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Jets Score Railyard Bid

March 31st, 2005
The New York Jets won the bidding process for air rights over the West Side Railyards on Thursday when the MTA, who owns the yards, in a nearly unanimous decision, voted to accept the Jets’ proposal to build a new stadium, the New York Sports and Convention Center, on the site. The New York Jets won the bidding process for air rights over the West Side Railyards on Thursday when the MTA, who owns the yards, in a nearly unanimous decision, voted to accept the Jets’ proposal to build a new stadium, the New York Sports and Convention Center, on the site.

The 17 voting MTA board members, who have 14 total votes, selected the Jets offer over two competing proposals, one from Cablevision, which has proposed building housing on the site. The MTA opened the bidding process in late February and accepted bids on the site on March 21st. The bids were voted on at a meeting of the board of directors of the Metropolitan Transportation Authority on Thursday.

“This offer includes $250 million, an aggressive bill schedule, and an extension of the Number 7 line, which goes a long way towards improving our board’s mission of providing transportation,” said MTA board director Peter Kalikow at Thursday morning’s proceedings. “There is also the possibility that the TDR’s will yield us nine-figure money, and that there will be an incremental value that will be added to the eastern yards that a complex as envisioned with the west side rezoning, with the stadium and convention center, will bring.”

The Jets' proposal provides up to $720 million, with $440 million coming from six developers who would buy additional development rights on the site. The offer requires further re-zoning to allow for those additional rights. The state and city will pay $600 million for a platform over the rail yards and a retractable roof.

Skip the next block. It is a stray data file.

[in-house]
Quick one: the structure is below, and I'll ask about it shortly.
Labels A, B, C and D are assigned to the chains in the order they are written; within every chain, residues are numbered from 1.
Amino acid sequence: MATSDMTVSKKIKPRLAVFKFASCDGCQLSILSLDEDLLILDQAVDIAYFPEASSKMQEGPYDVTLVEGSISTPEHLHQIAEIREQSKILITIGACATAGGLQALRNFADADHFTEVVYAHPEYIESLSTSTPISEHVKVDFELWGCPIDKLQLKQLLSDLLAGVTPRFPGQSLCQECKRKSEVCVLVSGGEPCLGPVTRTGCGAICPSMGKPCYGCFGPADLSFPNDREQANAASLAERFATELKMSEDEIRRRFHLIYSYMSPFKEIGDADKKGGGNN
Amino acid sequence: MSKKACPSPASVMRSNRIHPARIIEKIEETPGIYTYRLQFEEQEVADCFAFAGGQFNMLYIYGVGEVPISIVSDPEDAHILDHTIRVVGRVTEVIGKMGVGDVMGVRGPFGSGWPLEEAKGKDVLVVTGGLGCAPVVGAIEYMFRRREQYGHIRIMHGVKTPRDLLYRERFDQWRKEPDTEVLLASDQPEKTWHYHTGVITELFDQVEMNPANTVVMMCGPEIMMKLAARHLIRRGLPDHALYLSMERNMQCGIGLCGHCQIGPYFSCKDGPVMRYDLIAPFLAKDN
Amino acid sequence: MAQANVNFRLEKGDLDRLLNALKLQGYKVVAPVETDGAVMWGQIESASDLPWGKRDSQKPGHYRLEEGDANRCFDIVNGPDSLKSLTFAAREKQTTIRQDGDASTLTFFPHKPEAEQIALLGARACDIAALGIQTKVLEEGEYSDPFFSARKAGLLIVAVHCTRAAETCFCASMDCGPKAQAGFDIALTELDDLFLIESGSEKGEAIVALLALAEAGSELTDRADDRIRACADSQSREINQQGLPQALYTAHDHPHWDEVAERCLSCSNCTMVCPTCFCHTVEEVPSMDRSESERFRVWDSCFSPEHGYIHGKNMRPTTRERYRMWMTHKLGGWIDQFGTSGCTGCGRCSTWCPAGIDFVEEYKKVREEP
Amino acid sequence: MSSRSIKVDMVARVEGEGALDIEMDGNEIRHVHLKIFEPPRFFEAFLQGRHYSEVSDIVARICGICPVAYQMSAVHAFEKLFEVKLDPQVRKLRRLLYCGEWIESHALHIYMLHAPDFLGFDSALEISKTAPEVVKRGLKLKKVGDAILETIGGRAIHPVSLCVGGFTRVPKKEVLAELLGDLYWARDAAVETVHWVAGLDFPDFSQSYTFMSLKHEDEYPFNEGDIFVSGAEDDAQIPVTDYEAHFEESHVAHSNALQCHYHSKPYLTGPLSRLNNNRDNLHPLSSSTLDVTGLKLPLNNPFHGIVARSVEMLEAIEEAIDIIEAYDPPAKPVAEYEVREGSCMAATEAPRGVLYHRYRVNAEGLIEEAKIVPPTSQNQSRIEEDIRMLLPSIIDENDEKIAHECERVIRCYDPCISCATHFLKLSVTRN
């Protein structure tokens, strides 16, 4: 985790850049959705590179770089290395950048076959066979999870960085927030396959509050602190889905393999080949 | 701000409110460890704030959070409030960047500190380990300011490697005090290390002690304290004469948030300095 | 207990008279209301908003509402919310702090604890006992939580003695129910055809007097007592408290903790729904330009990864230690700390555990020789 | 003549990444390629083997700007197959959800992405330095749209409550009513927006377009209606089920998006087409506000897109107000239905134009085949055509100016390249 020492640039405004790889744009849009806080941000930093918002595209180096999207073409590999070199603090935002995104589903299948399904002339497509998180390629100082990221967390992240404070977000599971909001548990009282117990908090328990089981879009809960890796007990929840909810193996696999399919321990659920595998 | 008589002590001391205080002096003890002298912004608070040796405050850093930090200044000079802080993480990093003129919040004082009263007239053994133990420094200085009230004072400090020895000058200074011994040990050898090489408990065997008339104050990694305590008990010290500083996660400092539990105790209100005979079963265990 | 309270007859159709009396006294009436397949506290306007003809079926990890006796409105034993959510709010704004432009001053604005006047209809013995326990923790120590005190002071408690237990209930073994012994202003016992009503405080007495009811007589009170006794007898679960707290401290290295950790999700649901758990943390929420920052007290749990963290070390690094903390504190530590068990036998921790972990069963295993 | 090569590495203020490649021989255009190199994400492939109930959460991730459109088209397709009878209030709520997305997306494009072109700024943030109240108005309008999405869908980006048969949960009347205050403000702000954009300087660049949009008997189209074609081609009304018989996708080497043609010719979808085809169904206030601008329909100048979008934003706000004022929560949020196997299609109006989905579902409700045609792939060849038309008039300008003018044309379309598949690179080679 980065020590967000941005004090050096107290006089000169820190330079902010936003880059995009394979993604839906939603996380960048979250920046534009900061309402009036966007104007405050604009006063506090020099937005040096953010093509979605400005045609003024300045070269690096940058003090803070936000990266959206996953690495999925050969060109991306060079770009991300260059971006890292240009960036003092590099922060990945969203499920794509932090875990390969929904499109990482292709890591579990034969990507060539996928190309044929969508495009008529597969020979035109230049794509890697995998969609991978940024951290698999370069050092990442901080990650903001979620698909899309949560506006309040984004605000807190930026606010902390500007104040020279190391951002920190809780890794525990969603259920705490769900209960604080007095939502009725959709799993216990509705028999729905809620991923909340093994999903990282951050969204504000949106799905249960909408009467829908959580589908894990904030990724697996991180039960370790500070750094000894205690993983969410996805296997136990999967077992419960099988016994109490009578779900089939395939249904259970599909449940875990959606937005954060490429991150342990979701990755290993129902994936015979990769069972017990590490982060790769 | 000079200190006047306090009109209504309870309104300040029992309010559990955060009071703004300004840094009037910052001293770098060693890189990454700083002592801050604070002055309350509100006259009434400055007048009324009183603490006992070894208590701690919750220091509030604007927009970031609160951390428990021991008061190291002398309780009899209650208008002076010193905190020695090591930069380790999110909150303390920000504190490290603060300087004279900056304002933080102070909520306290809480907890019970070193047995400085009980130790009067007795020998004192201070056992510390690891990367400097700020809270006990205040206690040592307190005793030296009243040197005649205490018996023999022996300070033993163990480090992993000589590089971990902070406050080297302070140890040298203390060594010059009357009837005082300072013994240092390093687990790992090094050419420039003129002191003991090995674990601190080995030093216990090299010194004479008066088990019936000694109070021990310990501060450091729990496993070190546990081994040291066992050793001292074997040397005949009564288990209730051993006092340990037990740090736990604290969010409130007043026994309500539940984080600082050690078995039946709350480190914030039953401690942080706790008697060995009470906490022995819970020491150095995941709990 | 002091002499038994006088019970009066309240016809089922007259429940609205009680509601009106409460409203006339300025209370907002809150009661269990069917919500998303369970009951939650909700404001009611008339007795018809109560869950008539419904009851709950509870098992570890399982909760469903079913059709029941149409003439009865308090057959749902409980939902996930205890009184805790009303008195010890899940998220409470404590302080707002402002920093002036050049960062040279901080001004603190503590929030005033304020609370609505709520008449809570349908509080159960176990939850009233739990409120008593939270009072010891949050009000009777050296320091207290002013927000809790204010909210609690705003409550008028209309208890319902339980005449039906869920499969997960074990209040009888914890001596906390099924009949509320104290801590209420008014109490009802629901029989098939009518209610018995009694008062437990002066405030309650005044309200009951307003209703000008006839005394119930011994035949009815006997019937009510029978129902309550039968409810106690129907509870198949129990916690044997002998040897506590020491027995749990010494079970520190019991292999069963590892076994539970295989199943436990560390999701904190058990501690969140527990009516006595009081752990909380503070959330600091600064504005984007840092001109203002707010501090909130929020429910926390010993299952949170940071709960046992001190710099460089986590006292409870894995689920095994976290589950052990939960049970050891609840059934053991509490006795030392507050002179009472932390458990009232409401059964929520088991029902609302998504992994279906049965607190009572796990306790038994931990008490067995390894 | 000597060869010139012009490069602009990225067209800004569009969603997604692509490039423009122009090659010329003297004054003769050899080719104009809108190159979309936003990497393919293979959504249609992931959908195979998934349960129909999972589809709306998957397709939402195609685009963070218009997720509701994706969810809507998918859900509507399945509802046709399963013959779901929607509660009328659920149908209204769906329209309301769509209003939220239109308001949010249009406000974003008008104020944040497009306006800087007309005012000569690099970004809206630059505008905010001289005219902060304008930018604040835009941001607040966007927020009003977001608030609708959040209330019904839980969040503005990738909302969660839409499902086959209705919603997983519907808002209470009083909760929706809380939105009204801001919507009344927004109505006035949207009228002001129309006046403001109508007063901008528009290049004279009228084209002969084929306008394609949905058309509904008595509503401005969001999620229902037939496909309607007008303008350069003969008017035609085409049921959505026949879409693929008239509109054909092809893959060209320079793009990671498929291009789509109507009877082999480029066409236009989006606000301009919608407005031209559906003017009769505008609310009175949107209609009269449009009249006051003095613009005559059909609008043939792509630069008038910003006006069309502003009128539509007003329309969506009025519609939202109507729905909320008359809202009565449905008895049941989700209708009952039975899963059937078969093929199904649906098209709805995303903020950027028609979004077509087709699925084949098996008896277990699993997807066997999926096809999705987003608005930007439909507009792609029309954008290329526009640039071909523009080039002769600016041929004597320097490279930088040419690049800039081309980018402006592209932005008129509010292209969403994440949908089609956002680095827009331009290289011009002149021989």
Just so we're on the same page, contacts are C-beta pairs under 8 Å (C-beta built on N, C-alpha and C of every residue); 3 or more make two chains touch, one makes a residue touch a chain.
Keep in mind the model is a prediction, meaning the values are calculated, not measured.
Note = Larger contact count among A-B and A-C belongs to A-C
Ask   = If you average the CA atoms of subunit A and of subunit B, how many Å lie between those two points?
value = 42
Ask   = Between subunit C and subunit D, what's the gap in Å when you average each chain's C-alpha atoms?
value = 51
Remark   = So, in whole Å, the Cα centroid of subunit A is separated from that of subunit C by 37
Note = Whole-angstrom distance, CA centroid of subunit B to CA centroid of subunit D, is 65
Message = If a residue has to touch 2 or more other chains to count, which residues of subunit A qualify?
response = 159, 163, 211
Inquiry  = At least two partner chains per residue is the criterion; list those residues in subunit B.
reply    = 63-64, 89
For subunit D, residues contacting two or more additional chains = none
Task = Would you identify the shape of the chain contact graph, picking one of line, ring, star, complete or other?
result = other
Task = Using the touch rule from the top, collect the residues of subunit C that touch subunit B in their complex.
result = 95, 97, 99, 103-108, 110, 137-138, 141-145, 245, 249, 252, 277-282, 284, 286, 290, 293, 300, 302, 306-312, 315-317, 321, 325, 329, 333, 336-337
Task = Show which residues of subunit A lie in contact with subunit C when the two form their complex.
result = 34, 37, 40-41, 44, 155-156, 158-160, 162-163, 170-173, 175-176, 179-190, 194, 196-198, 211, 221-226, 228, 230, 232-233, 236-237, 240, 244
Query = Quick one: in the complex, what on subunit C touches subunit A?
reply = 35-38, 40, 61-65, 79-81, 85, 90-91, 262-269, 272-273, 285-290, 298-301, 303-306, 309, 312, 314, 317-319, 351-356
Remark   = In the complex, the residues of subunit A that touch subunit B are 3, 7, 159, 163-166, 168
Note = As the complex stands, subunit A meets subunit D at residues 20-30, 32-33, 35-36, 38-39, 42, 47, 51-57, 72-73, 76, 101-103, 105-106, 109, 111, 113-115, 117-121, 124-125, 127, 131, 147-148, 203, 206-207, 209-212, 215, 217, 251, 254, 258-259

The NYSCC is expected to provide 18,000 construction jobs and 7,000 permanent jobs by Jets projections, and has received backing from building trades unions and many local politicians. The stadium, which still must receive approval from the Empire State Development Corporation and the Public Authorities Control Board, is scheduled to open for the 2009 NFL season and is a key component of New York’s bid for the 2012 Olympic Games.

In addition, the NFL has awarded the 2010 Super Bowl to New York, contingent on the stadium being built. The NYSCC will also enable New York to compete for major world-class events that cannot be accommodated otherwise, such as the NCAA Final Four and professional soccer. Proponents of the project feel that a 2010 Super Bowl in New York could generate $400 million in economic impact for the city. The NYSCC will also herald the return of college football to New York City for the first time since 1962, with the creation of a new Big East Conference bowl game. And, the Urban League’s Whitney M. Young Jr. Classic has already agreed to move its popular annual game played between two historically black colleges from the Meadowlands to the NYSCC.

**Story courtesy NY Jets.

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